ANNETTE (Directed by Leos Carax, 139 minutes, France, 2021) BY DAN TABOR FILM CRITIC French writer/director/film critic Leos Carax, responsible for the absurdist masterwork Holy Motors, is back with an oddball operatic musical called Annette, for which he collaborated with Sparks, aka the greatest band you’ve probably never heard of. Sparks is comprised of brothers Ronald and Russell Mael who for the past 55 years have somehow managed to remain bleeding edge of music, with just the right blend of complexity and quirk. If you’ve seen Edgar Wright’s the excellent Sparks doc The Sparks Brothers, you know the brothers Mael […]

CINEMA: Being Val Kilmer

VAL (directed by Ting Poo & Leo Scott, 109 minutes, USA, 2021) BY DAN TABOR FILM CRITIC  Val is culled from 40 years of footage shot by Kilmer who was never apparently without his trusty video camera, obsessively documenting everything from his highschool stage plays to his recent victory over throat cancer. While enticing the casual viewer with peeks of his time on such iconic films as Batman, Top Gun and Heat, this doc pulls back the curtain letting fans in on the psychology behind his approach to acting, while painting a intimate, tragic and ultimately hopeful story in the […]

CINEMA: Kiss Of The Spider Woman

  BLACK WIDOW (directed by Cate Shortland, 133 minutes, 2021, USA) BY DAN TABOR FILM CRITIC While all her male Avengers counterparts launched with their mandatory solo vehicles, the Black Widow standalone film has quietly languished in development hell ever since it was teased circa 2010’s Iron Man 2. I honestly thought the film had lost any relevance it once had,  given that’s she perished in Endgame, and we are now neck deep in the new batch of heroes who have stepped in to fill the vacancy left by their battle with Thanos. But after a decade in development limbo […]

CINEMA: Un-Viva Las Vegas

ARMY OF THE DEAD (directed by Zack Snyder, 148 minutes, USA, 2021) BY DAN TABOR FILM CRITIC Of all the bizarre announcements that came from Netflix’s blank-check spending spree a few years back, when almost every A-List director got some insane vanity project green lit, was Zack Snyder’s Army of the Dead. This was a project he had been working on since 2004, which incidentally was when he did the impossible and remade Dawn of the Dead — George Romero’s classic deconstruction of consumerism aka his “zombies in a mall” epic — and actually knocked it out of the park. […]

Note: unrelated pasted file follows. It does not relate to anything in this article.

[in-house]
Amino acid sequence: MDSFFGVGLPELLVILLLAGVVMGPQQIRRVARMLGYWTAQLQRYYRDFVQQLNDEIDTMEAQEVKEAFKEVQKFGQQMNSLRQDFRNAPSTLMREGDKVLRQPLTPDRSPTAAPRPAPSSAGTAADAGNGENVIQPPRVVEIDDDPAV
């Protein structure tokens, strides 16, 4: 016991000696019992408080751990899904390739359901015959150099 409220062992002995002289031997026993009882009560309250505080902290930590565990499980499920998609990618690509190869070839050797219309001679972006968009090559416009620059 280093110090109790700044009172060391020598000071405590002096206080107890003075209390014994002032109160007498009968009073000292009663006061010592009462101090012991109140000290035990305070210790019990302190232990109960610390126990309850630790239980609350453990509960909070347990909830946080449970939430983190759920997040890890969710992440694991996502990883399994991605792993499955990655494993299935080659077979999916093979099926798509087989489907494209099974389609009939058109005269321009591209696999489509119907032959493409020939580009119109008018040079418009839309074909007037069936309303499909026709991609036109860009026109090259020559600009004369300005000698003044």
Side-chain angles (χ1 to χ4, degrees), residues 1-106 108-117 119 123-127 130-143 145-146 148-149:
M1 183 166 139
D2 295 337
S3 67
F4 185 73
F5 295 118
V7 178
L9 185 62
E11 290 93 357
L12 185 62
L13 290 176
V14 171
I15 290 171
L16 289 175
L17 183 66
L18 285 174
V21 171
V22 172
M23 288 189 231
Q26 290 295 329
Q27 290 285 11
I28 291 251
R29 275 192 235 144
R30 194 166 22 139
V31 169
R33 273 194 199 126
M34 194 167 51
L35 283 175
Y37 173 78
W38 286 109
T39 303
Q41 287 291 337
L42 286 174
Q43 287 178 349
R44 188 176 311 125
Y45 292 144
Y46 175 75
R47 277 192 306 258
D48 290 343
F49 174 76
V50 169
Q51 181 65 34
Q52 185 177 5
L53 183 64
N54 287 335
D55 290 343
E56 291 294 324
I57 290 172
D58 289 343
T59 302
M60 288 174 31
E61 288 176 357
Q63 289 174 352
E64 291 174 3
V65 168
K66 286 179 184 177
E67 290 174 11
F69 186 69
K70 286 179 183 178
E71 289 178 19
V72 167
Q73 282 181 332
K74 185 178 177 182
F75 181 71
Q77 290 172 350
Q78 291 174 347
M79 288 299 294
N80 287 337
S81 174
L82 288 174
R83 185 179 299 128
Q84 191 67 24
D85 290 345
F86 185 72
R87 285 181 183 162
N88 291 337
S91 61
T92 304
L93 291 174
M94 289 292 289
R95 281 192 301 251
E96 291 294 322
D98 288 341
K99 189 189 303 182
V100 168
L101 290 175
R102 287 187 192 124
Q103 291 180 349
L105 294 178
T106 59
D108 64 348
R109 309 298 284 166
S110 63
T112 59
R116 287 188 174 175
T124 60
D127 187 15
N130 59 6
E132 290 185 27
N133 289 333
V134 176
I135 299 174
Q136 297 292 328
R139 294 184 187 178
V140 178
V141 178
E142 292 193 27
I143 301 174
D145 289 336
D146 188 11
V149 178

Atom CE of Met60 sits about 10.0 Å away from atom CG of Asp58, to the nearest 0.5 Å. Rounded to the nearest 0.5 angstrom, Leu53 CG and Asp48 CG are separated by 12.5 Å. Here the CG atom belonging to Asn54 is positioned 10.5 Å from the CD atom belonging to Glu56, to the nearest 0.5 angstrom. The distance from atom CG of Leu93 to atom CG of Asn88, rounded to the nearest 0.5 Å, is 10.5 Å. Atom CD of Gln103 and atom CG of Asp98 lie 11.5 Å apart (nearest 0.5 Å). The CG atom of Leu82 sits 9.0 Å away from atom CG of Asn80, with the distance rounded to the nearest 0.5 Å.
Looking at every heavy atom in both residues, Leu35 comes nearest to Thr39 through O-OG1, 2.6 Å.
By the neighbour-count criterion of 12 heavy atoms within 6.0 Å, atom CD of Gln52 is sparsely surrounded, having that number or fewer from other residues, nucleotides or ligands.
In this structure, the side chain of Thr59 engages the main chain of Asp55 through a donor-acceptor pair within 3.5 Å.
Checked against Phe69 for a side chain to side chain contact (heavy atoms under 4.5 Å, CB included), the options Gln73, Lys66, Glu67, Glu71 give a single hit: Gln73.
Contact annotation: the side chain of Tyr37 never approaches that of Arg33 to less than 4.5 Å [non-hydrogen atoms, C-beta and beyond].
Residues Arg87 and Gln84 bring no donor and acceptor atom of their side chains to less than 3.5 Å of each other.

CINEMA: Destroy All Monsters

GODZILLA VS KONG (Directed by Adam Wingard, 113 min., USA, 2021) BY DAN TABOR FILM CRITIC The original King Kong vs. Godzilla (1962) was a weird East meets West affair that simultaneously exploited Japan’s burgeoning obsession with professional wrestling and celebrated the 30th anniversary of Godzilla’s corporate overlord, Toho Co., Ltd, by having the two larger than life icons duke it out on the big screen. Now almost 60 years later, we are getting an American-produced rematch that wants to be the Batman Vs Superman of the Legendary Monsterverse. The primary difference here is that director Adam Wingard (You’re Next, […]

CINEMA: Is That All There Is To A Fire?

BILLIE EILISH: The World Is A Little Blurry (dir. R.J Cutler, 140 min., USA, 2021) BY DAN TABOR FILM CRITIC Early on in Billie Eilish: The World’s a Little Bit Blurry, the Apple+ documentary that charts the meteoric rise of the young green-tressed pop phenom, there’s a moment at a sold out concert where Eilish parts the crowd of screaming preteens like Charlton Heston in the Ten Commandments so security can carry out an injured girl. Obviously shaken by the ordeal, Eilish asks the crowd if they’re okay, she then emphatically states “they need to be fucking okay, because they […]